GOSHEN — The Elkhart County Health Department plans on cracking down to try and slow the spread of local COVID-19 cases.
A letter signed by leaders of the county, local cities and public safety agencies announced Friday they have urged the health department to issue a new public health order while cases from the coronavirus continue to mount.
While the order is still being developed, the letter previewed what’s to come by laying out which sectors of the county will be affected with requirements for measures that must be implemented.
The stated areas are businesses and entities; restaurants, bars and entertainment venues; school-sponsored events; and gatherings, meetings and events. The letter notes those environments are where transmission of the COVID-19 virus is occurring most.
The new order, according to the letter, is expected to provide “clear direction” on measures for those environments, including social distancing, the use of face masks, sanitation and occupancy limits. This will follow a countywide mask mandate that was already issued by the local health department June 29.
“The goal of the order will be to protect Elkhart County residents from infection and reduce the number of deaths in our county,” the letter states. “It is important to note that we want to do this while keeping the economy open. This is a concern among all of us, and we want to avoid the negative impact we experienced earlier this year when the economy was shut down under the governor’s Executive Order.”
The announcement noted the county reached a total of 12,500 cases with 170 deaths. It also states local hospitals are struggling to treat the influx of new patients with expectations for more patients to seek emergency treatment in the coming weeks.
“The current trajectory we are on as a county is unacceptable,” the letter states.
The letter states officials expect the health department to issue the new public health order by Nov. 20. County Health Commissioner Dr. Lydia Mertz said in response to a question that the order could possibly be issued by as early as Wednesday.
“With our hospitals so full, and flu season coming up quickly we need to make people aware of just how very serious this situation is,” Mertz said in a message.
The letter said restrictions in the new order would remain in place until there is evidence of a reduction in viral transmission, such as declines in hospitalization rates and intensive care capacity, declines in new weekly cases, and declines in COVID-related deaths.
The letter is signed by the Elkhart County commissioners; the mayors of Goshen, Elkhart and Nappanee; the chiefs of the Goshen, Elkhart and Nappanee police and fire departments, as well as the local EMS director; members of the Goshen, Elkhart and Nappanee city councils; the Bristol Town Council; two members of the Elkhart County Council; local school superintendents; the heads of the chambers of commerce; and health and business leaders.
The announcement came a couple days after Elkhart County leaders announced all public meetings will only be held virtually, including the Elkhart County Council’s meeting on Saturday.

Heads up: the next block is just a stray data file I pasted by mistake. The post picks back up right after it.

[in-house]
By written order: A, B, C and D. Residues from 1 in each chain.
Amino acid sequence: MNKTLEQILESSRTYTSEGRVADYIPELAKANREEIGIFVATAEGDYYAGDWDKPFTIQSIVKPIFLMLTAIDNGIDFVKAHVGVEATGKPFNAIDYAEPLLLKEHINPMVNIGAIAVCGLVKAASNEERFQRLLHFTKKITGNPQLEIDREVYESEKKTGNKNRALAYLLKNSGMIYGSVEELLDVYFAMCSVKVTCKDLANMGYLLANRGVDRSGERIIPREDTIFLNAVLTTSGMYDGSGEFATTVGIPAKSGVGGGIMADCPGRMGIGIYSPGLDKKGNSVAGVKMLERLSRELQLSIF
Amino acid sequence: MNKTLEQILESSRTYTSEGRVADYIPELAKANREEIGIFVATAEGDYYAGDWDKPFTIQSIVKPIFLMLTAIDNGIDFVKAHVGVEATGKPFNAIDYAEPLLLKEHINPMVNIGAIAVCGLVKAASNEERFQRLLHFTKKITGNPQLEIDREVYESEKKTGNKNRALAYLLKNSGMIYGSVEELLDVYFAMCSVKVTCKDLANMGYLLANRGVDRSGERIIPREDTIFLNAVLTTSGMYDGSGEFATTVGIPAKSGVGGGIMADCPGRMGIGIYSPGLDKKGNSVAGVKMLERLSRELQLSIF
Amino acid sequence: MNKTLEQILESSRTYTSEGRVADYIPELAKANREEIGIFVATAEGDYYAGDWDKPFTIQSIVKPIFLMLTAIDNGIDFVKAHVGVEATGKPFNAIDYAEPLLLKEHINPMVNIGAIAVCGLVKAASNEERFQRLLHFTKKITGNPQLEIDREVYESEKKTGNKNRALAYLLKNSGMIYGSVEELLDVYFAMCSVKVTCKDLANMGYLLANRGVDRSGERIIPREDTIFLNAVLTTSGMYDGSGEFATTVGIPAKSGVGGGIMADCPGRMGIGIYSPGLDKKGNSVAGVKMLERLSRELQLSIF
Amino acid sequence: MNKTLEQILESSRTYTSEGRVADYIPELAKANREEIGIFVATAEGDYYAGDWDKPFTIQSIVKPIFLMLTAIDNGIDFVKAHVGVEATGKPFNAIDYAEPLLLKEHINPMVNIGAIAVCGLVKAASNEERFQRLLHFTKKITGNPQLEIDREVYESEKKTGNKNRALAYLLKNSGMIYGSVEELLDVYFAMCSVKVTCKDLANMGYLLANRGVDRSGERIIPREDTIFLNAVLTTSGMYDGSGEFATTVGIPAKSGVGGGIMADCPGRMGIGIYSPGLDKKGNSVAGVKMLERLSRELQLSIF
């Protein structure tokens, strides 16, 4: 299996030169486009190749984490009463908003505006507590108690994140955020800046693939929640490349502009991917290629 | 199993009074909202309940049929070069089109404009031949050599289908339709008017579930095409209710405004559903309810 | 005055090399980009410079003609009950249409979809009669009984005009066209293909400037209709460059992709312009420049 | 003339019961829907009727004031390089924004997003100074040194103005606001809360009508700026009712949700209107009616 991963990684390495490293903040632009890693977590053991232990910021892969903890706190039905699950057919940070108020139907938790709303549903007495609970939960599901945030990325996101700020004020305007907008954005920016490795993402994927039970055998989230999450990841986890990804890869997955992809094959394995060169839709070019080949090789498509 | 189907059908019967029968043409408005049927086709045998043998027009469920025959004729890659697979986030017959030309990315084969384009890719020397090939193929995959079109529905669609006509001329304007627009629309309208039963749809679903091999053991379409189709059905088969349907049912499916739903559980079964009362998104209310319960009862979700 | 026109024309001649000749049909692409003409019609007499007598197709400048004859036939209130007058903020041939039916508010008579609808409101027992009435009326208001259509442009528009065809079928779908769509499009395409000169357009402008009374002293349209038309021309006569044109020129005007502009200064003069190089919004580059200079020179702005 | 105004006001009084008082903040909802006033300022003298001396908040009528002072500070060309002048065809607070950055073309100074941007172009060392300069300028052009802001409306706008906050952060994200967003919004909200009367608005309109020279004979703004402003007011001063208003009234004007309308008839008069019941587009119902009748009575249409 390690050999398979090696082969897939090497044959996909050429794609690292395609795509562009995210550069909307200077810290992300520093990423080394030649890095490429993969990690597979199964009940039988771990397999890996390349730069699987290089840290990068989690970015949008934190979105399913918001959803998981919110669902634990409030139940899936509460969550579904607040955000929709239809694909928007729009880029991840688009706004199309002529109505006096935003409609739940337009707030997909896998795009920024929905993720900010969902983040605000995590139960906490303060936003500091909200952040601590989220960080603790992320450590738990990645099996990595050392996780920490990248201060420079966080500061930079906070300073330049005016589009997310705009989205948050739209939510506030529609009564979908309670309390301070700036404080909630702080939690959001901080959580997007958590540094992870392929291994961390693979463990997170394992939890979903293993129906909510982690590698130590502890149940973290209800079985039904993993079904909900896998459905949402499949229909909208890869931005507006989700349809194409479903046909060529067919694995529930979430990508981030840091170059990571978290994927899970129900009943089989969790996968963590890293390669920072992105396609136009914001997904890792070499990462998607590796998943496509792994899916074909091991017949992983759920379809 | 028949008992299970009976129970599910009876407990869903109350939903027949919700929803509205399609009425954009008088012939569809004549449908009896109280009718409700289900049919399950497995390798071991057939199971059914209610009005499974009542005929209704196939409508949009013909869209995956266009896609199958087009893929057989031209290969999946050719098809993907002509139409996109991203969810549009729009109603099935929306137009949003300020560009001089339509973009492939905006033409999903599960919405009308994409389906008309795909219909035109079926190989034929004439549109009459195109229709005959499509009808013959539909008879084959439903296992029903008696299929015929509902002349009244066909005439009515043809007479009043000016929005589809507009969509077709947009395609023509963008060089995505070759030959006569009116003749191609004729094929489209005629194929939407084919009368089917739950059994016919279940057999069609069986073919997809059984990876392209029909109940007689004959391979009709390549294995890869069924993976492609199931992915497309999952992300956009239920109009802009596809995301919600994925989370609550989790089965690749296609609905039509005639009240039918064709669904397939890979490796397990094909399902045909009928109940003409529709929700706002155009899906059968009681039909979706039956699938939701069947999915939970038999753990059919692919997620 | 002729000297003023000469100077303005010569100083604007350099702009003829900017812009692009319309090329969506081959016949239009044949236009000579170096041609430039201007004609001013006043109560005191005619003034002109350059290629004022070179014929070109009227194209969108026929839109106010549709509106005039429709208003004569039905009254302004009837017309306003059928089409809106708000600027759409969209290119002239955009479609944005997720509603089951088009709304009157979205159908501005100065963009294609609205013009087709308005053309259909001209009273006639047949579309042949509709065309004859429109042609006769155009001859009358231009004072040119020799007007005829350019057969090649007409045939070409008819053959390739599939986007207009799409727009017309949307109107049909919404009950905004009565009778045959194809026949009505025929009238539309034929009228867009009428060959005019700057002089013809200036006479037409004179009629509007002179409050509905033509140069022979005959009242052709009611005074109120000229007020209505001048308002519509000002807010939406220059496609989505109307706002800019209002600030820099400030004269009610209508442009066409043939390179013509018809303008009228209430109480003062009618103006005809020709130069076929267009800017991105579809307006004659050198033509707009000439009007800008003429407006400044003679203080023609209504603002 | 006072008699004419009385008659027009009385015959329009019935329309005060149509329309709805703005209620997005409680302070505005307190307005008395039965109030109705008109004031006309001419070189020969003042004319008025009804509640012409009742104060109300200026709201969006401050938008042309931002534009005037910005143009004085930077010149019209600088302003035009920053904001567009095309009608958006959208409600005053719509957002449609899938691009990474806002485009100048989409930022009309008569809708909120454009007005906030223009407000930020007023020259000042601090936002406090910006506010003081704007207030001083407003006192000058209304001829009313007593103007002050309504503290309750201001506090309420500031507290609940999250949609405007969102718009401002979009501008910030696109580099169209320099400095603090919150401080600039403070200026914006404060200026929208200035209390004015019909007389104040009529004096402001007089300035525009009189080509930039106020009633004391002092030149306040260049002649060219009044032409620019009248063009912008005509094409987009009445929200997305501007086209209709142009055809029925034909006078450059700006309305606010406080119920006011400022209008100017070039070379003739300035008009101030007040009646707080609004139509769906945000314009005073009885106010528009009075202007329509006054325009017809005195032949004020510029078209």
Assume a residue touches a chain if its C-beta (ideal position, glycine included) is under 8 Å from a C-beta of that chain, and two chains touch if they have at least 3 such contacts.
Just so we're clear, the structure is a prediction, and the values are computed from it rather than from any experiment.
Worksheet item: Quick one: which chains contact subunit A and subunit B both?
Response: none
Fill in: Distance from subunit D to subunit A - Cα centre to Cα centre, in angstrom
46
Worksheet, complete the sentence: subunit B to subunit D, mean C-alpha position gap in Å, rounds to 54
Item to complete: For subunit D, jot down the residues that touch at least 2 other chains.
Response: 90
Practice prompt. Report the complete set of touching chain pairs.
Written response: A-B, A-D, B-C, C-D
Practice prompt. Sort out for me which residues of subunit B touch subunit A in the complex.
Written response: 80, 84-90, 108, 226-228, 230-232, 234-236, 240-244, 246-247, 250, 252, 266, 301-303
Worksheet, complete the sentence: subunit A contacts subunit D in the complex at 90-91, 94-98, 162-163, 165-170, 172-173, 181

Indiana is averaging nearly as many coronavirus-related deaths now as it did during the spring’s initial surge of cases, with heath officials adding 50 more deaths to the state’s toll Friday.
Gov. Eric Holcomb also signed a new executive order Friday reinstating limits on crowd sizes for nearly every county across the state starting Sunday after several weeks of refusing to take such action amid sharp increases in Indiana’s COVID-19 hospitalizations and new infections.
The new deaths occurring over several days have pushed the state’s moving seven-day fatality average to 40 per day, just short of highest average of 42 a day recorded in late April.
Indiana’s COVID-19 deaths average has tripled since Holcomb lifted nearly all coronavirus-related restrictions in late September. During that time, COVID-19 hospitalizations have gone up 200% and the seven-day moving average of newly confirmed infections is six times higher.
Gary’s mayor is following Indianapolis officials by tightening capacity limits for bars and other businesses while many school districts across the state are shifting away from in-person classes.
Gary Mayor Jerome Prince cited a steep increase in the city’s COVID-19 infections in ordering that all gatherings, including religious services, have a maximum of 50 people and limiting bars and nightclubs to 50% capacity.
Holcomb announced his new order on Wednesday, saying he was worried about a strain on hospital capacity. It limits crowd sizes to 25 people in the highest-risk red counties under the state’s assessment map and 50 people in the next-riskiest orange counties, with larger events needing approval from health officials.
The order directs the state health and homeland security departments and the state alcohol commission to work with local health agencies on enforcement of mask wearing and distancing at businesses. It recommends incremental warnings for violations and possible orders for business closures for those refusing to comply.